Equitable Growth delivers comment letter responding to U.S. Department of Labor’s Advanced Notice of Proposed Rulemaking on classifying employees and independent contractors


The Washington Center for Equitable Growth this week delivered a comment letter responding to the U.S. Department of Labor’s Wage and Hour Division’s proposed rulemaking on how to determine who is an employee and who is an independent contractor under the Fair Labor Standards Act. The department’s proposal would reduce the risk that employees are incorrectly classified as independent contractors, thereby preventing their exclusion from key U.S. labor rights, boosting fair competition among employers, and promoting broadly shared economic growth.

Research finds that employee misclassification is associated with lower wages, disadvantages employers who correctly classify workers as employees, and hurts federal and state tax collection. Additionally, lack of protections under the Fair Labor Standards Act can result in workers earning less than the minimum wage, greater exposure to labor violations, such as wage theft, and employment discrimination, and it enables lack of access to overtime.

The U.S. Department of Labor’s proposed rule would replace and correct prior guidance, reducing the risk of misclassification and adopting an “economic reality test” that better captures whether a worker is truly leading an independent activity or working for someone else. For instance, the test considers whether a worker can truly negotiate the pay they get for providing a service, the extent to which they can accept or reject offers, the degree to which they are supervised or surveilled by an employer, and whether an employer has a say over their schedule.

The comment letter discusses key points on the impact of worker misclassification and how revised guidance on how to determine who is an independent contractor and who is an employee would improve outcomes for misclassified workers and the overall economy, including:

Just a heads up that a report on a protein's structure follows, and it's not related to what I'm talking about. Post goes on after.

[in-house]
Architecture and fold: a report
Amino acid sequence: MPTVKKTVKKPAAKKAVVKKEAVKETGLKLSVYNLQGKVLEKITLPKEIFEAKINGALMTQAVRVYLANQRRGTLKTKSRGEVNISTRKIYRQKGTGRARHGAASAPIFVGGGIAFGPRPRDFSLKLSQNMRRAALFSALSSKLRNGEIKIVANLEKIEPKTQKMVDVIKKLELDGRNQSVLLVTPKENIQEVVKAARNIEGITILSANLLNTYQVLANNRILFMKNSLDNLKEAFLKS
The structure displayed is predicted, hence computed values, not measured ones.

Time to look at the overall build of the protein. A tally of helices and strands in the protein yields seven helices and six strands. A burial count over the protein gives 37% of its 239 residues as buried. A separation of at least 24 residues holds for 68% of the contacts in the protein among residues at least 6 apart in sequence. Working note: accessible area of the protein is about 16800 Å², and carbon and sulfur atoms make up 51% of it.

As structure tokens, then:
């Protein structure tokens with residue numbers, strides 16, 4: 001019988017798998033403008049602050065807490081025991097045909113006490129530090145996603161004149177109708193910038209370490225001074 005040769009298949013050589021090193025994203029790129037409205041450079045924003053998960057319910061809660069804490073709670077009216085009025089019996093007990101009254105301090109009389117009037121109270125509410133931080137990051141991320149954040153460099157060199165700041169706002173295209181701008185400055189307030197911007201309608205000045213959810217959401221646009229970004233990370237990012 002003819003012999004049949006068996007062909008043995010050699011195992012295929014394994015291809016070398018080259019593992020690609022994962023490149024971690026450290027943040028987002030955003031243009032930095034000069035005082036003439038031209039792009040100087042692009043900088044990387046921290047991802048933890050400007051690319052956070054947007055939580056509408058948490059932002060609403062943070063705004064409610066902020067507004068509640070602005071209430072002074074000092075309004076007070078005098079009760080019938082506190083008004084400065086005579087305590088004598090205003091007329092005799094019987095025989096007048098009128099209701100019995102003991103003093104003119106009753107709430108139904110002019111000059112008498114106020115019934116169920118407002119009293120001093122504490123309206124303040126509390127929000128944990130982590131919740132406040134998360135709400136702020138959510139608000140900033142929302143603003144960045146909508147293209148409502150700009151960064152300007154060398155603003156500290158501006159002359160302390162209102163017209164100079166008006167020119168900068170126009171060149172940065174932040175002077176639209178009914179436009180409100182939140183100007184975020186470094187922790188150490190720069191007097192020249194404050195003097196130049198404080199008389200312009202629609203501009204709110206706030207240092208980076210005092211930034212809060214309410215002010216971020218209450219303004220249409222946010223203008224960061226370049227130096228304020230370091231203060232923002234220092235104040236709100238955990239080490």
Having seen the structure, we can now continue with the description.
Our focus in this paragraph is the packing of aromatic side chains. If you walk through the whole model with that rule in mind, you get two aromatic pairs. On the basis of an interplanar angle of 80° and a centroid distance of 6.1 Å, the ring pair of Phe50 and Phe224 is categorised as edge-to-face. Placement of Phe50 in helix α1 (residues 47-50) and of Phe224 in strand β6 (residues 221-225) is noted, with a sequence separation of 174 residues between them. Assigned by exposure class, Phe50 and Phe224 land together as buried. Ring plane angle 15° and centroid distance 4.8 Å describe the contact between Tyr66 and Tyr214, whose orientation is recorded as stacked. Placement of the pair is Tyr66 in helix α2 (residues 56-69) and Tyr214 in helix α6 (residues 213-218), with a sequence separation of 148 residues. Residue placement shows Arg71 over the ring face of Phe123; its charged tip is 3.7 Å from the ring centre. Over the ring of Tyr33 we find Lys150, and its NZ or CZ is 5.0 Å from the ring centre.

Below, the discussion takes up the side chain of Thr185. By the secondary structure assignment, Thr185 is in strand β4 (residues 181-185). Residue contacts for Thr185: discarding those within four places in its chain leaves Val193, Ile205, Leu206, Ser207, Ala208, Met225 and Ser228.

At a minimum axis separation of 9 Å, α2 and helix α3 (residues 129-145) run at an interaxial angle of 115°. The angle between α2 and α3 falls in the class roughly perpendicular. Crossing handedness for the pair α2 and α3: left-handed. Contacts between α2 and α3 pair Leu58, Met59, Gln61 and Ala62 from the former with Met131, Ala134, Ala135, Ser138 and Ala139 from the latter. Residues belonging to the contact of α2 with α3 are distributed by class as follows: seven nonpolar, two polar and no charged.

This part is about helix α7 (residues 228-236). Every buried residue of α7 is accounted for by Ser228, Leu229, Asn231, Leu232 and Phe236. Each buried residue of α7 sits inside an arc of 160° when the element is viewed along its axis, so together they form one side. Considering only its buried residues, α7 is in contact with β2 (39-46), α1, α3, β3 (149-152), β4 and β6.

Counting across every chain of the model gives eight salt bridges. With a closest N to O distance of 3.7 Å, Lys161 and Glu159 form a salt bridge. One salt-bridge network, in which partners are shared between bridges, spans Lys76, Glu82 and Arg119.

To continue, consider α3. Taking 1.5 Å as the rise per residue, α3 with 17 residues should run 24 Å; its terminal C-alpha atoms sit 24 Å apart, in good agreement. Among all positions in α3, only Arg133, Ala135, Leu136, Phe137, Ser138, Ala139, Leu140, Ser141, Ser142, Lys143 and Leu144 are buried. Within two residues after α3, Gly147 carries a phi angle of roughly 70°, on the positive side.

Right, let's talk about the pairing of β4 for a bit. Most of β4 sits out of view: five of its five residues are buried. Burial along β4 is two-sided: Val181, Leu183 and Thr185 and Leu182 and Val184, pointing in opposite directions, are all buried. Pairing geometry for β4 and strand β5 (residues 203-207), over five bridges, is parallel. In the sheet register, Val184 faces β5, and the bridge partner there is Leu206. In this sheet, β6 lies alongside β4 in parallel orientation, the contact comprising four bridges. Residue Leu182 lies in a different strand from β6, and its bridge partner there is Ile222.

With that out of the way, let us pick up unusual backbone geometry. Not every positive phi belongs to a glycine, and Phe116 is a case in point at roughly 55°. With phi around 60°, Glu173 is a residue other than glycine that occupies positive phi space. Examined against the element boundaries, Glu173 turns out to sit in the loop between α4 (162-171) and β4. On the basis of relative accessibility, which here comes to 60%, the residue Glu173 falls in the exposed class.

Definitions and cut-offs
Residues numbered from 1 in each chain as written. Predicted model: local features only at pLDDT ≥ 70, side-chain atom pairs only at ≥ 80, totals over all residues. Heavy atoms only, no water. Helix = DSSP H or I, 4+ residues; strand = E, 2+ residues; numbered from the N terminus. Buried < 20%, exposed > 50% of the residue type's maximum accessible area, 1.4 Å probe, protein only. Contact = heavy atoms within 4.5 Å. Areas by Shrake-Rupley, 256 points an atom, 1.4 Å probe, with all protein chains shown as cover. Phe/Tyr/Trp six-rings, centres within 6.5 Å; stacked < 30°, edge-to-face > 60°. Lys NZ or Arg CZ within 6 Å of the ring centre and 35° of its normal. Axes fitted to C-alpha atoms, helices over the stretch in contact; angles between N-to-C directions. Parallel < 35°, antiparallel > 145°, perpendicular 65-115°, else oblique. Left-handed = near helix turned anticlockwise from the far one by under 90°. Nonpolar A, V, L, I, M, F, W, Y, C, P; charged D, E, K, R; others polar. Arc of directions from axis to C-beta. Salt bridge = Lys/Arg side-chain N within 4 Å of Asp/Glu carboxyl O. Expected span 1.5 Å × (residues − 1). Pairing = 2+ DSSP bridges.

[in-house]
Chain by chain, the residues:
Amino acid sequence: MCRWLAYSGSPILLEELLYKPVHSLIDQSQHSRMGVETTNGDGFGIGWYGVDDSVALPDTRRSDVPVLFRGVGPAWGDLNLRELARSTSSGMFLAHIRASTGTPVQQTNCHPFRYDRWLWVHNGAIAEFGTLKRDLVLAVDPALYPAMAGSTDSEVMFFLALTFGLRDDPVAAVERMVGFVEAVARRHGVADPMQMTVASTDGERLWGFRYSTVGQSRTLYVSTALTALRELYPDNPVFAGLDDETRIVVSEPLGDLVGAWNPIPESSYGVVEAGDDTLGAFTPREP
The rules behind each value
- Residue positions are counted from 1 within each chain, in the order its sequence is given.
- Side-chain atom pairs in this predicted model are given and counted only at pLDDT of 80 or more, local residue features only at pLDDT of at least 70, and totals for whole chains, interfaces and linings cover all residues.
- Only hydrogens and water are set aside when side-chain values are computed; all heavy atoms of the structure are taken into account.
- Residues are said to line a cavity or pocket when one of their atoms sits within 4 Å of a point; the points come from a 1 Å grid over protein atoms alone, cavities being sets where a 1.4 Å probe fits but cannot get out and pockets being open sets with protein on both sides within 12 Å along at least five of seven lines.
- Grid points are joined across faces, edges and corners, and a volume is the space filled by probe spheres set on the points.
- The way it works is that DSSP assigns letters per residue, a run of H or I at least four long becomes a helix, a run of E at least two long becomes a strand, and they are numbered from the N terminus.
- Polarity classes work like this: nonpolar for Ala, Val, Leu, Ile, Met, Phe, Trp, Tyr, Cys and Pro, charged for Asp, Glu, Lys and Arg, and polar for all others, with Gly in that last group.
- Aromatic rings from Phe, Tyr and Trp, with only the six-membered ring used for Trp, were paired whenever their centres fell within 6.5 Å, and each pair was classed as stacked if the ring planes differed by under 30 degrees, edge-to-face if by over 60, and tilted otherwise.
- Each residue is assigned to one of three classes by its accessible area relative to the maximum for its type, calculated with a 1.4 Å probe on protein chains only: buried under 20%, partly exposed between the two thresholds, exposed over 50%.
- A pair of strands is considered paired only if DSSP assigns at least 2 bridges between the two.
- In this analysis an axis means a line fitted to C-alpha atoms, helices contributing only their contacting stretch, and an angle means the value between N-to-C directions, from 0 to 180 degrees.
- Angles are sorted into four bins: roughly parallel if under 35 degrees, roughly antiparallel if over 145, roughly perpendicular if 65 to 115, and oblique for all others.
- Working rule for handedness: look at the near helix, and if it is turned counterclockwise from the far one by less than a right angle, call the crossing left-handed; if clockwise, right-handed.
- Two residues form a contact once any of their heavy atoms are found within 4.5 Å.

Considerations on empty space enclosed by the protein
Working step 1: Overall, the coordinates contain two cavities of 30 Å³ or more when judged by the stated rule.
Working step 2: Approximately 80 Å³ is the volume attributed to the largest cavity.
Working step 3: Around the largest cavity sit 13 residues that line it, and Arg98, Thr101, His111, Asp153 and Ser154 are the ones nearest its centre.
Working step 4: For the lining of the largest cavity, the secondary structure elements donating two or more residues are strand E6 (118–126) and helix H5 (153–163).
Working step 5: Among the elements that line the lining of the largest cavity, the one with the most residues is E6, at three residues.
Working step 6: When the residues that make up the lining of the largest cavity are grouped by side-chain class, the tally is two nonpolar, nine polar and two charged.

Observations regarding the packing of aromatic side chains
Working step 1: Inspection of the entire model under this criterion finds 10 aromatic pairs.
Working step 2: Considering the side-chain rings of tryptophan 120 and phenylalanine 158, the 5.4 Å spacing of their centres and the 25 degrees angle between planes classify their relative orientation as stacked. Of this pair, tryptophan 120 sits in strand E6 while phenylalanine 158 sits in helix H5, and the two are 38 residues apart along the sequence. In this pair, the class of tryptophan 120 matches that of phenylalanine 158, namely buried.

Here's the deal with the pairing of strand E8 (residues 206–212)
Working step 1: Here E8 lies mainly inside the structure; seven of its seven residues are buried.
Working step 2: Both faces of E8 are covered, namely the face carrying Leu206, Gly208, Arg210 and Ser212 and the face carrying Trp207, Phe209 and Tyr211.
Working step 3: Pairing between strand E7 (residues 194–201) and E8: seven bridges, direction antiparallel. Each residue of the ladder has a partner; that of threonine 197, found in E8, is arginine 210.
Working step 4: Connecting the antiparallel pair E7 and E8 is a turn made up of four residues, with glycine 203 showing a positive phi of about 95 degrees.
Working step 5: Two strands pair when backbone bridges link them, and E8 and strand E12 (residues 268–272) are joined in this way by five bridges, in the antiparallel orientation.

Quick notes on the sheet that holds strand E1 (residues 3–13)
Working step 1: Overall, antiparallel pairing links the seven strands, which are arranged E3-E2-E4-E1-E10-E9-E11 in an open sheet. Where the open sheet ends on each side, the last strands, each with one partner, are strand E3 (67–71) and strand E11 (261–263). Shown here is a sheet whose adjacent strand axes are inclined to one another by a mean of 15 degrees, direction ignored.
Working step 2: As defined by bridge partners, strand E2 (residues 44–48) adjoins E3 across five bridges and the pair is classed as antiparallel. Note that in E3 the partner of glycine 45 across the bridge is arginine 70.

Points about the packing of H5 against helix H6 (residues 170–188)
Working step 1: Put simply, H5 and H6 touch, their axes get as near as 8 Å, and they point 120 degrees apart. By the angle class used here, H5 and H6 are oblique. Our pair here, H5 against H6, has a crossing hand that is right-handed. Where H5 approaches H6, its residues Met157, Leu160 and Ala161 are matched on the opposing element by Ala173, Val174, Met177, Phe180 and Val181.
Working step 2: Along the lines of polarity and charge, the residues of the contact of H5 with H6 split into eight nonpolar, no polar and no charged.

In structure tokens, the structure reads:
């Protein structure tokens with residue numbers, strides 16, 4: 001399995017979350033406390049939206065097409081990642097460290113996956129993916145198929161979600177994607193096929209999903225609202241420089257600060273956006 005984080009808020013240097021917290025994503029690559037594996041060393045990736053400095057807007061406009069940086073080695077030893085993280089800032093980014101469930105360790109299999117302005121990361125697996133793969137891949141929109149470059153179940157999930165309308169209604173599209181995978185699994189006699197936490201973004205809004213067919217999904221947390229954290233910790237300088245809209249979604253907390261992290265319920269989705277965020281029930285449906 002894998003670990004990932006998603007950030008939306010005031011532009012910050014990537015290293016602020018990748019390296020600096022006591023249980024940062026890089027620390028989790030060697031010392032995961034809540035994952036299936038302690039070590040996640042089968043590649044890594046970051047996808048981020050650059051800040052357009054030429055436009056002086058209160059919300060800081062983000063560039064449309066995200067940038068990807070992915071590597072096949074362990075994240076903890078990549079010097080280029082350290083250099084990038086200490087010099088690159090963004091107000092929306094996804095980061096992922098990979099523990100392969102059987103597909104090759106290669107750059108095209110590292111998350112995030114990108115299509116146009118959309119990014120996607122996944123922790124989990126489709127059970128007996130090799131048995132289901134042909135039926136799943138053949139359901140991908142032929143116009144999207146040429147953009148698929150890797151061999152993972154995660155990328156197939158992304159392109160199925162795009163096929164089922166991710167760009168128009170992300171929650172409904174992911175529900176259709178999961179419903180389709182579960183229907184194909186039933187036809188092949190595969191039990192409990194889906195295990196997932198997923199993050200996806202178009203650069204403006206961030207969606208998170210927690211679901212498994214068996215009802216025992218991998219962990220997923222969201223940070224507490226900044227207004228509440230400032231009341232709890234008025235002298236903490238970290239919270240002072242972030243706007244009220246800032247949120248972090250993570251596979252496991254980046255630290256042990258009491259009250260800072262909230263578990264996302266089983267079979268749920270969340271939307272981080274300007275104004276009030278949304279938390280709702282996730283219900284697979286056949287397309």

• Several audit and industry-specific studies find evidence that misclassification affects a substantial number of U.S. workers and is especially prevalent in low-wage sectors, such as janitorial services. The department’s proposed rule to reduce the risk of misclassification would therefore allow many already-vulnerable workers to access the labor protections to which they are entitled. 
  • The department’s proposed rule is likely to boost pay for many workers since there is evidence that some currently classified as independent contractors, such as ride-hail drivers, receive pay so low that they fall below both the federal and their jurisdiction’s minimum wage floor.
  • In addition to not being protected by the Fair Labor Standards Act, misclassified workers are not covered by anti-discrimination law, are not eligible for Unemployment Insurance benefits or Workers’ Compensation, and cannot join a union or bargain collectively. While the proposed rule only affects coverage under the Act, allowing currently misclassified workers to access minimum wage protections and overtime regulations is even more essential, given that they are excluded from other key labor laws.

Read the full letter submitted to the U.S. Department of Labor.


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